After making those considerations, you should be able to craft a core brand message. It could be as short as two words like Apple’s “think different” or a full sentence. It should be a relatively concise statement that sums up why your brand matters, what it represents and why it’s different. The goal is to communicate your values and uniqueness without presenting people with a novel about your brand’s history.

Your Audience

Beyond your values and beliefs as a business, you must always be relevant to your audience. Who are you talking to? What do they care about and what will connect with them?

The connections you make with people is what will make a difference in the long run. Successful brands are able to evoke memorable, emotional responses from their customers. If you can touch the lives of your customers with your messaging and content, you’ll win their loyalty.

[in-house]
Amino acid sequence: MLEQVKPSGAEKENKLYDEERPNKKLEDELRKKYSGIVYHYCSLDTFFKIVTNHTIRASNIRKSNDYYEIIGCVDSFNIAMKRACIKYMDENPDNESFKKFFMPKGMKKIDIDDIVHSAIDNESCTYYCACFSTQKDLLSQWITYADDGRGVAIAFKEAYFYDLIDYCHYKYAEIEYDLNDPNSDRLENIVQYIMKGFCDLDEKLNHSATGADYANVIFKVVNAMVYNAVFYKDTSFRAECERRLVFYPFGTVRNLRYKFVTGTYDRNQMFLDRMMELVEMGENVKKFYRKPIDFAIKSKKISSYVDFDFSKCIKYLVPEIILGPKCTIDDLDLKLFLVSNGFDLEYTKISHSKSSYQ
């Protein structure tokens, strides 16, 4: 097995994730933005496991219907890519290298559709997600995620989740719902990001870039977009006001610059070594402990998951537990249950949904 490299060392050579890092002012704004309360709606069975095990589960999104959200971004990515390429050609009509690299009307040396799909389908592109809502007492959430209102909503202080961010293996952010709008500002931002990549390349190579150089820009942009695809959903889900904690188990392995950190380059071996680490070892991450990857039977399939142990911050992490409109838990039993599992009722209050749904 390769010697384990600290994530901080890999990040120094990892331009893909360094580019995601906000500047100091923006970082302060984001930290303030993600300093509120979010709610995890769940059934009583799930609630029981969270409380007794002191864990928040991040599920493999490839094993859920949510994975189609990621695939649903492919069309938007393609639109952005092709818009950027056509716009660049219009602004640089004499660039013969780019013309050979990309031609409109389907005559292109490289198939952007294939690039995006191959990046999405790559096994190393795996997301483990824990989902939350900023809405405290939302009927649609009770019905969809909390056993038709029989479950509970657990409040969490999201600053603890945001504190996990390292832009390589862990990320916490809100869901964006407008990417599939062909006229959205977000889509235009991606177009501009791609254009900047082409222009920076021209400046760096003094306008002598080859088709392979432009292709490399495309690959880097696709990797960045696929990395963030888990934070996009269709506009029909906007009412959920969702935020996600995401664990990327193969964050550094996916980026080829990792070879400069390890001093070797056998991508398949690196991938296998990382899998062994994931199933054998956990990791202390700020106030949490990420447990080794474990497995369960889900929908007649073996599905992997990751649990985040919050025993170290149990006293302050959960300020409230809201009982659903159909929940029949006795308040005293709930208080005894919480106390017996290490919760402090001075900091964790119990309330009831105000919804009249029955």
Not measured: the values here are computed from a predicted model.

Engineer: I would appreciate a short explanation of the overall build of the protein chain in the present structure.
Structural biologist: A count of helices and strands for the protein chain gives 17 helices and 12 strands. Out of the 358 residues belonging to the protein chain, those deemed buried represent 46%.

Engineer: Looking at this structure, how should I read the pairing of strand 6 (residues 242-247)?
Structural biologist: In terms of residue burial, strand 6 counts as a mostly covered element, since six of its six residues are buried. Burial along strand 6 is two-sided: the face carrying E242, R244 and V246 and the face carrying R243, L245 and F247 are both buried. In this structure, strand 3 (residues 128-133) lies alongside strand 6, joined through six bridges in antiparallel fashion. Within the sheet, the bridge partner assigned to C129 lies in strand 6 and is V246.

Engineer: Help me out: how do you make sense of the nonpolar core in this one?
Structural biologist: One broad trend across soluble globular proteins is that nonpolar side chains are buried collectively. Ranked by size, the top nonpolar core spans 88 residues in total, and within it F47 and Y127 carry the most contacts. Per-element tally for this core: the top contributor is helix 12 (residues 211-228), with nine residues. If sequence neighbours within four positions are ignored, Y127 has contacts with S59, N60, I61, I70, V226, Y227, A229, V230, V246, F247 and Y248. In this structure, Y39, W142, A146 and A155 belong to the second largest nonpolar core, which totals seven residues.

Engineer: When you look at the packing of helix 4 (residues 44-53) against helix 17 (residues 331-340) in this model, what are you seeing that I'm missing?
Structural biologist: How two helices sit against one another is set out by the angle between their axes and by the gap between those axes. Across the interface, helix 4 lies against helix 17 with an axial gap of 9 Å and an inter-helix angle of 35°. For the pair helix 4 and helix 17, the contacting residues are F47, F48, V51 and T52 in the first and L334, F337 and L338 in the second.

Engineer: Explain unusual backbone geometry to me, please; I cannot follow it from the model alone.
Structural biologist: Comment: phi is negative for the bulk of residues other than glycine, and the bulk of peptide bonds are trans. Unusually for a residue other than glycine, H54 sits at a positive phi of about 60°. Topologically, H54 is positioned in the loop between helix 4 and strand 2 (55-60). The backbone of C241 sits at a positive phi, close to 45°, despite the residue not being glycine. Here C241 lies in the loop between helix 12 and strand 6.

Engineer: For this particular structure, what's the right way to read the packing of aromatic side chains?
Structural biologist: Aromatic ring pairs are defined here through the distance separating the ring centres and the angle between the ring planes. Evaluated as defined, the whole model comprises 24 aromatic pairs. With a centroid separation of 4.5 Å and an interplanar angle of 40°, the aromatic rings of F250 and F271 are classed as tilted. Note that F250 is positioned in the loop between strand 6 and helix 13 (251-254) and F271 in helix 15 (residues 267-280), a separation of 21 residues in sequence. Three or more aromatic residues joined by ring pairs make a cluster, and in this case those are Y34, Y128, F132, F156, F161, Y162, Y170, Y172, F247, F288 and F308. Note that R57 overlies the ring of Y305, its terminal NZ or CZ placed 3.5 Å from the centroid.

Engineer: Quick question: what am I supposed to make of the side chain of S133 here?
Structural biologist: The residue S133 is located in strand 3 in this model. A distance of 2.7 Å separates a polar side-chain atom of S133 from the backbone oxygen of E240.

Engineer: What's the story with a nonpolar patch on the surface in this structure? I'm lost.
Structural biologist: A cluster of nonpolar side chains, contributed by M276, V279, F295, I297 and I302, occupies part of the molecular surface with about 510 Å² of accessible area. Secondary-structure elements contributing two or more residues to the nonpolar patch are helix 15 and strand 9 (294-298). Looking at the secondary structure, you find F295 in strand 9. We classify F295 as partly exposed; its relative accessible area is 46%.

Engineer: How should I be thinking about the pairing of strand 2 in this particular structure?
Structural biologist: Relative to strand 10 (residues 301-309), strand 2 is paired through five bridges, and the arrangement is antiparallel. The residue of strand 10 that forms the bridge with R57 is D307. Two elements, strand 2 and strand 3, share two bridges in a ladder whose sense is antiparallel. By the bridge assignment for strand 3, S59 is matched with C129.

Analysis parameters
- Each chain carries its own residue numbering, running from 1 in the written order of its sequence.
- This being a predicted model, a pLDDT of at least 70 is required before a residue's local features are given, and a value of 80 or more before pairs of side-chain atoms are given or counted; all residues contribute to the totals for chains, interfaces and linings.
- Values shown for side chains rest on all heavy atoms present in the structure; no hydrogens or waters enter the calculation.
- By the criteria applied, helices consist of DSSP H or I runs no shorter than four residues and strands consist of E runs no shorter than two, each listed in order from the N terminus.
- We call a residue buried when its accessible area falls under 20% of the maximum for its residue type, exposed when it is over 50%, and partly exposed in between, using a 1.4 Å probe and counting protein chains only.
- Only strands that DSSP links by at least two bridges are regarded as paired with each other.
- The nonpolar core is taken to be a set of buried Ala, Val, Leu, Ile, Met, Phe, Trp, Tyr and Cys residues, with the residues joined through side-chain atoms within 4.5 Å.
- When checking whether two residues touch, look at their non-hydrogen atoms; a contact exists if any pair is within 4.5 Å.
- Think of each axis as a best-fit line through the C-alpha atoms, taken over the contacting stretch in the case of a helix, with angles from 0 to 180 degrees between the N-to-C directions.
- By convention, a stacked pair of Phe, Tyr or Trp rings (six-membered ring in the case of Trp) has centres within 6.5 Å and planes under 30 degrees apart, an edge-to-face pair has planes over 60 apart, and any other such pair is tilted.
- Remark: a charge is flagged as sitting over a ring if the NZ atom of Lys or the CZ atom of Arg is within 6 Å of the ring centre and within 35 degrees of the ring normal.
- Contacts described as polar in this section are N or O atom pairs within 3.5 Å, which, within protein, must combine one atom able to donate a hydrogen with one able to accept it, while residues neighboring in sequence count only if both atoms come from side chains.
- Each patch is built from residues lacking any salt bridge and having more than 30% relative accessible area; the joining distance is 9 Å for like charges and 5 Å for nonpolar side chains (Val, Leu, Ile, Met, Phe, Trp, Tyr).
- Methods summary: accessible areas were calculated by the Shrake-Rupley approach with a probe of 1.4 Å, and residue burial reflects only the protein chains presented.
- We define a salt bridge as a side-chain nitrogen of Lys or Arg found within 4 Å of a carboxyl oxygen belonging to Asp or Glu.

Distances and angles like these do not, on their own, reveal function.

Furthermore, realize that you’re selling them more than an actual tangible product or service. You’re selling the idea or experience of something, as well. A pertinent illustration of this in action is Harley Davidson.

Yes, there are more technically impressive motorcycles on the road nowadays, but people keep coming back to Harley Davidson. Many of the brand’s customers live and breath Harley. What other brand inspires so many people to willing get its logo tattooed?

In a possibly apocryphal story, it’s rumored that one Harley Davidson executive said, “What we sell is the ability for a forty-three-year-old accountant to dress in black leather, ride through small towns and have people be afraid of him.”